A big-government, low-growth Australia sets sail on an ocean of red

By Bernard Keane

October 6, 2020

Josh Frydenberg strides towards us
Treasurer Josh Frydenberg likes Australia’s credit rating (AAP Image/Mick Tsikas)

The Australian economy isn’t merely in recession, and won’t merely need a major increase in government spending to deliver recovery: it is entering a whole new era of massive government spending just to deliver the kind of employment we’ve taken for granted for two decades.

The Morrison government has committed not only to huge deficit spending, but also to pushing the size of government as a proportion of the economy to levels never before seen.

It will be a gobsmacking 34.8% of GDP in 2020-21 — off the back of a 22.6% increase in spending this year (Rudd managed only a 12.7% increase in spending in 2009, and copped hell for it from the commentariat) — dipping to 28% next year and floating at around 27% in 2024.

But what will really fuel such massive deficits is that the government is going to have to make do with the kind of tax levels that Labor had to work with during its time in government. When Wayne Swan was treasurer, the proportion of tax to GDP never got above 21.7%. Until 2020, the Coalition never had it below 21.8%, and had plans to use bracket creep to drive it above 23% so it could boast it returned the budget to surplus.

The pandemic has wrecked that plan — tax to GDP is below 22% this year, below 21% next year and only struggles back above 22% in 2024.

With deficits totaling $480 billion over coming years — not to forget interest rates set at next-to-zero levels — what kind of economic growth will we get? The budget papers suggest we’re starting off a little better than we thought: the estimate for growth this year has been revised up from -2.5% in the July update to -1.5%.

And the government hopes its mix of pump-priming and private spending will deliver a recovery year of strong growth in 2021-22 — coincidentally, when the next election is due — with growth reaching 4.75% and unemployment pushed down to 6.5%.

Households and businesses will fuel that growth: the government predicts a 7% rise in household spending, a 7.5% rise in non-mining business investment and a 7% rise in housing investment.

That triple seven is the key to an election-year GDP surge — but thereafter growth will fall away. Scott Morrison’s commitment to growth of at least 3.75% each year for five years has already been dumped: growth in 2022-23 will fall back to 2.75%, then reach 3% in 2023-24. That will be enough to get unemployment down to 5.5%, or only a little higher than before we entered the crisis.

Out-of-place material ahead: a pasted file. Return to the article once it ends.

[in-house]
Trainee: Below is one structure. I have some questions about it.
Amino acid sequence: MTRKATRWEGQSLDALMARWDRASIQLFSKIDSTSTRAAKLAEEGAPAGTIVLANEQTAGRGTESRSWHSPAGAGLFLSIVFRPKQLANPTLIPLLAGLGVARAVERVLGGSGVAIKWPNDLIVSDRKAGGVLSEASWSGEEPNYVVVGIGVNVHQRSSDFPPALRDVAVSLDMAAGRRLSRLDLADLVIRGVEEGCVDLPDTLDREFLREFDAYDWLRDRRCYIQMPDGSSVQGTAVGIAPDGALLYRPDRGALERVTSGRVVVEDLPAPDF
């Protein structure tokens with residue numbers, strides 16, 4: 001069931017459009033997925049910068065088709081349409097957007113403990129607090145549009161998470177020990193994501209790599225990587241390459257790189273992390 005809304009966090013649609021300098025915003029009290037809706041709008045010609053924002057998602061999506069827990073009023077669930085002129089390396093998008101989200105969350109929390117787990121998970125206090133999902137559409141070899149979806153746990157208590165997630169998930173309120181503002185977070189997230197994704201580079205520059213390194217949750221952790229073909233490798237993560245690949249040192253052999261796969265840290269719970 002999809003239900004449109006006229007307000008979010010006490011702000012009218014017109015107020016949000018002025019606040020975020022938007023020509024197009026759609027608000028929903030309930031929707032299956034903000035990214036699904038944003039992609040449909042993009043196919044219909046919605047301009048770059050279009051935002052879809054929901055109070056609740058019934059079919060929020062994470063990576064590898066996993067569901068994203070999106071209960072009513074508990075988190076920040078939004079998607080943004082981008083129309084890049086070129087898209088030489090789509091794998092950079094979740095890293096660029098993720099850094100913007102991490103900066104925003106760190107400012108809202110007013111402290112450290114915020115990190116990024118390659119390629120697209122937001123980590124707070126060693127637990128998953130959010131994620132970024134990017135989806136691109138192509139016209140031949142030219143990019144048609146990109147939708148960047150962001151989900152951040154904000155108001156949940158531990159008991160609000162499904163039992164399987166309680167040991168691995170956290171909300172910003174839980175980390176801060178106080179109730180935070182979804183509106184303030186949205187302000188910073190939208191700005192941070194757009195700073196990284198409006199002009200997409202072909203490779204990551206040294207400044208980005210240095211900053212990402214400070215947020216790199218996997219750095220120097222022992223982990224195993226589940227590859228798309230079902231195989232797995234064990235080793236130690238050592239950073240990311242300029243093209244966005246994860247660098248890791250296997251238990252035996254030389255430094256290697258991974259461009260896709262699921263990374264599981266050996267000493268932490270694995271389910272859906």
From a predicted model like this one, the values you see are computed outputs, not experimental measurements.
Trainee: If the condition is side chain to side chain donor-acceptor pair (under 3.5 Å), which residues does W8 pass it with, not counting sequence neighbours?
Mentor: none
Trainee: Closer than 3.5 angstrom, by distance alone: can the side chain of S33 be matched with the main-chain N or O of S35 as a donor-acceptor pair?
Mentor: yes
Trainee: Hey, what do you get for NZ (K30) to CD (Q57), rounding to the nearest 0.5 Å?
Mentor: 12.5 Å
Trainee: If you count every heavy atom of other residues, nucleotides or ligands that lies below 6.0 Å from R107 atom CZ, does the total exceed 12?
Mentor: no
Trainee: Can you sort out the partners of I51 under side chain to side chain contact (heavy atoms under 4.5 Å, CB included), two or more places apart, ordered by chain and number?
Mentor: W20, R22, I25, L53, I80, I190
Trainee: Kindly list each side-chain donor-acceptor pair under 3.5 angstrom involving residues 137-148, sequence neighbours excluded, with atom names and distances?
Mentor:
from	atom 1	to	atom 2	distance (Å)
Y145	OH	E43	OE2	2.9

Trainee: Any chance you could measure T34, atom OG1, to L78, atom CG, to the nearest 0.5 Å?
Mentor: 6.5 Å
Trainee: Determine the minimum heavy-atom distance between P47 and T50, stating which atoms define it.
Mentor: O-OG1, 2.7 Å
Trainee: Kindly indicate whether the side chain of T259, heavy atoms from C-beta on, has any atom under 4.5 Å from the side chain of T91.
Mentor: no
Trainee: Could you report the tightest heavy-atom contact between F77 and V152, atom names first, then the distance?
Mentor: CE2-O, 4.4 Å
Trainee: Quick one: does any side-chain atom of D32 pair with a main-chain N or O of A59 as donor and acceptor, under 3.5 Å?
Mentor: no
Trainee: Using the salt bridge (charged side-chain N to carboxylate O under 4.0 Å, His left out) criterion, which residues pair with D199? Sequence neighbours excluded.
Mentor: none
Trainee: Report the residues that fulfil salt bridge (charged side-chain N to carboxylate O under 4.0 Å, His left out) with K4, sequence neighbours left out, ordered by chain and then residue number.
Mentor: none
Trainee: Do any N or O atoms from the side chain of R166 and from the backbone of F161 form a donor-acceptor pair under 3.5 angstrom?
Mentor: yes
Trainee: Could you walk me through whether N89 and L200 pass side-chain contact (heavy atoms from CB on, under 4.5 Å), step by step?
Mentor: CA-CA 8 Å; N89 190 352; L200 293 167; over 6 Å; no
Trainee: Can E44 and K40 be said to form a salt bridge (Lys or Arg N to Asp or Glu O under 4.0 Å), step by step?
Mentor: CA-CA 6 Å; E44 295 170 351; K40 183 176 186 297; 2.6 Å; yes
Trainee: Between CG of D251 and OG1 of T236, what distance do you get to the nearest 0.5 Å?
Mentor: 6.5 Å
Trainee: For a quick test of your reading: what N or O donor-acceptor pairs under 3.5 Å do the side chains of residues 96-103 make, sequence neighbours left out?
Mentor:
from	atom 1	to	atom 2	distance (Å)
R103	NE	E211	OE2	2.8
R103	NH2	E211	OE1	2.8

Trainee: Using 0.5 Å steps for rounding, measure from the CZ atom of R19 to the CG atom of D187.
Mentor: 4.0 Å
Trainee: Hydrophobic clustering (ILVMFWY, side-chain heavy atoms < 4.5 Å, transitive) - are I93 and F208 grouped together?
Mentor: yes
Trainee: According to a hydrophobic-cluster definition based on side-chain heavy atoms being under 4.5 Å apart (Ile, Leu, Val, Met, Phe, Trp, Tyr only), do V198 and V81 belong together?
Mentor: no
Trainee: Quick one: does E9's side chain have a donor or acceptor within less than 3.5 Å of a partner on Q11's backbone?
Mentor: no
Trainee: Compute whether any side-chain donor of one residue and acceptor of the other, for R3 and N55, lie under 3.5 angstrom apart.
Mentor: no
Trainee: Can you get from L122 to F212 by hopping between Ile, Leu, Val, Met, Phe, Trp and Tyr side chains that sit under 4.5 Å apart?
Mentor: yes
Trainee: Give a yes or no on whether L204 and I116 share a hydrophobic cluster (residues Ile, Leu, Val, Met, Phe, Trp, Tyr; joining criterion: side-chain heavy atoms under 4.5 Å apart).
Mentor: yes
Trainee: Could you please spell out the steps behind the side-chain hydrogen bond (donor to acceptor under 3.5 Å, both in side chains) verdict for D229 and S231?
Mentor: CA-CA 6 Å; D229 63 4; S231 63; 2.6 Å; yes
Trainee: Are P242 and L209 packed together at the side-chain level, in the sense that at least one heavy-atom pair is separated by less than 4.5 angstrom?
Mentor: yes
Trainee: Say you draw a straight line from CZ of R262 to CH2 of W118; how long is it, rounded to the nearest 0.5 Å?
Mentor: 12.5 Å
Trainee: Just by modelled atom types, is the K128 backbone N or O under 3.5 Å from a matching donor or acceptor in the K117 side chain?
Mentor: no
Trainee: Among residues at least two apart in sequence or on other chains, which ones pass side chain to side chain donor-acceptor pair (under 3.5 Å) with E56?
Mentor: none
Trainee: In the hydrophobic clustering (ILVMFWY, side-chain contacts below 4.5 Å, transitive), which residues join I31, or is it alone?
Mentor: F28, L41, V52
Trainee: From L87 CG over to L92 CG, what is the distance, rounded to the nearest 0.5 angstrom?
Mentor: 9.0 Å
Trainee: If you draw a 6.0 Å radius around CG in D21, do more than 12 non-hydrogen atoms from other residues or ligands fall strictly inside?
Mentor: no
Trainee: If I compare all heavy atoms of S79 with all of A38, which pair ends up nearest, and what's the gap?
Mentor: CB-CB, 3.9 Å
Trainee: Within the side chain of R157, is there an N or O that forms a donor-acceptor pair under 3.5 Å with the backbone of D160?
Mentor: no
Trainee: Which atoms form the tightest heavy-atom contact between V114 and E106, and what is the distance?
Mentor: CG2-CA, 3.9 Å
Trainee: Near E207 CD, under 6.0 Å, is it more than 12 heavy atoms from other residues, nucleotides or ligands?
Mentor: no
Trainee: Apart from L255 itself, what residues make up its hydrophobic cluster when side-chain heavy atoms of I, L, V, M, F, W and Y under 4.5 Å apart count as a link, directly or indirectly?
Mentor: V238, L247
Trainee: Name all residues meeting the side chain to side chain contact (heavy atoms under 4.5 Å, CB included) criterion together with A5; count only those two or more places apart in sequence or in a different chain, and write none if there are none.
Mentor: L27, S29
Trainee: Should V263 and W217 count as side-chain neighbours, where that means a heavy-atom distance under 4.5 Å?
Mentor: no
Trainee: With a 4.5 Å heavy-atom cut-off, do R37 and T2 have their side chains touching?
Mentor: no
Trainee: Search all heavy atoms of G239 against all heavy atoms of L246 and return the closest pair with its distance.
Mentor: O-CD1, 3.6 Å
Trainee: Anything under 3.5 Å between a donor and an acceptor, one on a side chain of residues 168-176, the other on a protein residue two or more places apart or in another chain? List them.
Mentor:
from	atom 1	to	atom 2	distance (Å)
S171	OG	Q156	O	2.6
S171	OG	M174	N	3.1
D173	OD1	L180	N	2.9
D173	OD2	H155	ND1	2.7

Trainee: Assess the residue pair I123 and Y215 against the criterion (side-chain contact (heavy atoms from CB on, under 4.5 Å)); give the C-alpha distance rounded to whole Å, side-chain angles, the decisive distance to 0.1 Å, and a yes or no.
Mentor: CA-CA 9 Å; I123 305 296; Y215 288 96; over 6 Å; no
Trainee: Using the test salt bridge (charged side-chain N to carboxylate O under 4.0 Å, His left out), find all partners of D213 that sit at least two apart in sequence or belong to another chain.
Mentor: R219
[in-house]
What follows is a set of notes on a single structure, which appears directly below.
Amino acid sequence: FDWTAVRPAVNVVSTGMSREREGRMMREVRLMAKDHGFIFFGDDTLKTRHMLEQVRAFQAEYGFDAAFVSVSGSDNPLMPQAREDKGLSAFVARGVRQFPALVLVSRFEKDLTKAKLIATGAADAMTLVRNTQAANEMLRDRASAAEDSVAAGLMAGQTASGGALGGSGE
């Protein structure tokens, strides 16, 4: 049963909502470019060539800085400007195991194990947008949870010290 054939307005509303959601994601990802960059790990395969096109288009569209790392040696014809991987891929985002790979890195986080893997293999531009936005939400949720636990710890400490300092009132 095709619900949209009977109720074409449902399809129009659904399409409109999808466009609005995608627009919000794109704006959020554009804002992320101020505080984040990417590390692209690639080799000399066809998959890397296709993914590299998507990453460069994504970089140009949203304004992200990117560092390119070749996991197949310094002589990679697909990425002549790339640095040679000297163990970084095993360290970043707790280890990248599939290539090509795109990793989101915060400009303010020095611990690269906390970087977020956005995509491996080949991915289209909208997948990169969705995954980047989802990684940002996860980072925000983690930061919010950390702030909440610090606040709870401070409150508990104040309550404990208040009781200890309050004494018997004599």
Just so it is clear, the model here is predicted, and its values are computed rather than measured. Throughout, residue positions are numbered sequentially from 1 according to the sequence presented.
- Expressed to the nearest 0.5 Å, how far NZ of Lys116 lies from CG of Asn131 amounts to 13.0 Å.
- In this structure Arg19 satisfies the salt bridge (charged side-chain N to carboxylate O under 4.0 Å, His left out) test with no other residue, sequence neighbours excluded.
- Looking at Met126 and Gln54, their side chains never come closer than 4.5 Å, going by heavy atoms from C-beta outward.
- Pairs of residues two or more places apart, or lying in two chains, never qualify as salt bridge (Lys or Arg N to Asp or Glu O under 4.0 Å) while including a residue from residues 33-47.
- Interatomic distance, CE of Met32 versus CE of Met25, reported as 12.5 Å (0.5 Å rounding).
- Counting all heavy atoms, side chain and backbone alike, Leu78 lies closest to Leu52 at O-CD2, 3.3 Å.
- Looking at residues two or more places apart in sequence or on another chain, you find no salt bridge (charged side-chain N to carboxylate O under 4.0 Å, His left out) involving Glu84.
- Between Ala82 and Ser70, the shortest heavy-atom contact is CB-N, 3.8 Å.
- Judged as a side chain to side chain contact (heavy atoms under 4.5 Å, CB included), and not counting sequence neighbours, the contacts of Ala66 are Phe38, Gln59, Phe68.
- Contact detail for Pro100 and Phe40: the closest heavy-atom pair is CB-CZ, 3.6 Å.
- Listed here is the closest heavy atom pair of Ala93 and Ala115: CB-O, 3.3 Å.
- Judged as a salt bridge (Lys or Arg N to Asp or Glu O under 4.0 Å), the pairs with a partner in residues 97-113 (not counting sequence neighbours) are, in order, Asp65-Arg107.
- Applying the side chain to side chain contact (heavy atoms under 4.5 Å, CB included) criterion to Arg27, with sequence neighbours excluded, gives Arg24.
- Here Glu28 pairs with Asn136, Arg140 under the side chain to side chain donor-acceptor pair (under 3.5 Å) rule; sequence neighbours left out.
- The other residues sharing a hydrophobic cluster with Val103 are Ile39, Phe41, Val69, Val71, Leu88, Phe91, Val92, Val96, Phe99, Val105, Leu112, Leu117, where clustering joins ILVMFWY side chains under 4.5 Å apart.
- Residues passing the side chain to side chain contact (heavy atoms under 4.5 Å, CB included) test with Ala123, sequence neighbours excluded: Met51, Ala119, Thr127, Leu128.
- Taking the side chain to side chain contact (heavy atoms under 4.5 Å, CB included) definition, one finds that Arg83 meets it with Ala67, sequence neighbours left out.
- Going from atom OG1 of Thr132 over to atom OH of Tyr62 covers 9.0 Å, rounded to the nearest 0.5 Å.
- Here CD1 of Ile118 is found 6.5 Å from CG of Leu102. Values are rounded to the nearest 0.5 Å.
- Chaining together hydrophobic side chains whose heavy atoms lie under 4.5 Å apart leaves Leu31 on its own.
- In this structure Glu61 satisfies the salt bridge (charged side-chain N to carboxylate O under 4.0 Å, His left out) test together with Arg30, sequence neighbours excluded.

Just to show that old habits die hard, the government also assumes that by then, wages growth will have returned to a whopping 2.25% — a level it only briefly reached before the pandemic wreaked havoc.

The weaker growth is less surprising given the lower population estimates: after a blatant deception in last year’s budget to pretend a surge in population was on the way, a more realistic forecast this year sees our fertility rate falling to 1.58 babies per woman before rising again to 1.69 by 2024. Last year’s forecast of 1.9 babies now looks particularly laughable, while net overseas migration isn’t expected to turn positive again until 2023.

Nor will trade help the economy much, at least in the forecasts: Treasury has conservatively estimated iron ore will decline in price; our terms of trade will decline 10.75% next year, with the current account deficit returning after two years of unusual surpluses.If the government’s economic plan turns out as forecast tonight, we’ll return to something like a pre-COVID economy at the end of 2024 — but with government still playing an extraordinarily large role in our economy, funded by the sort of debt levels that would have seemed nonsensical just a few months ago.

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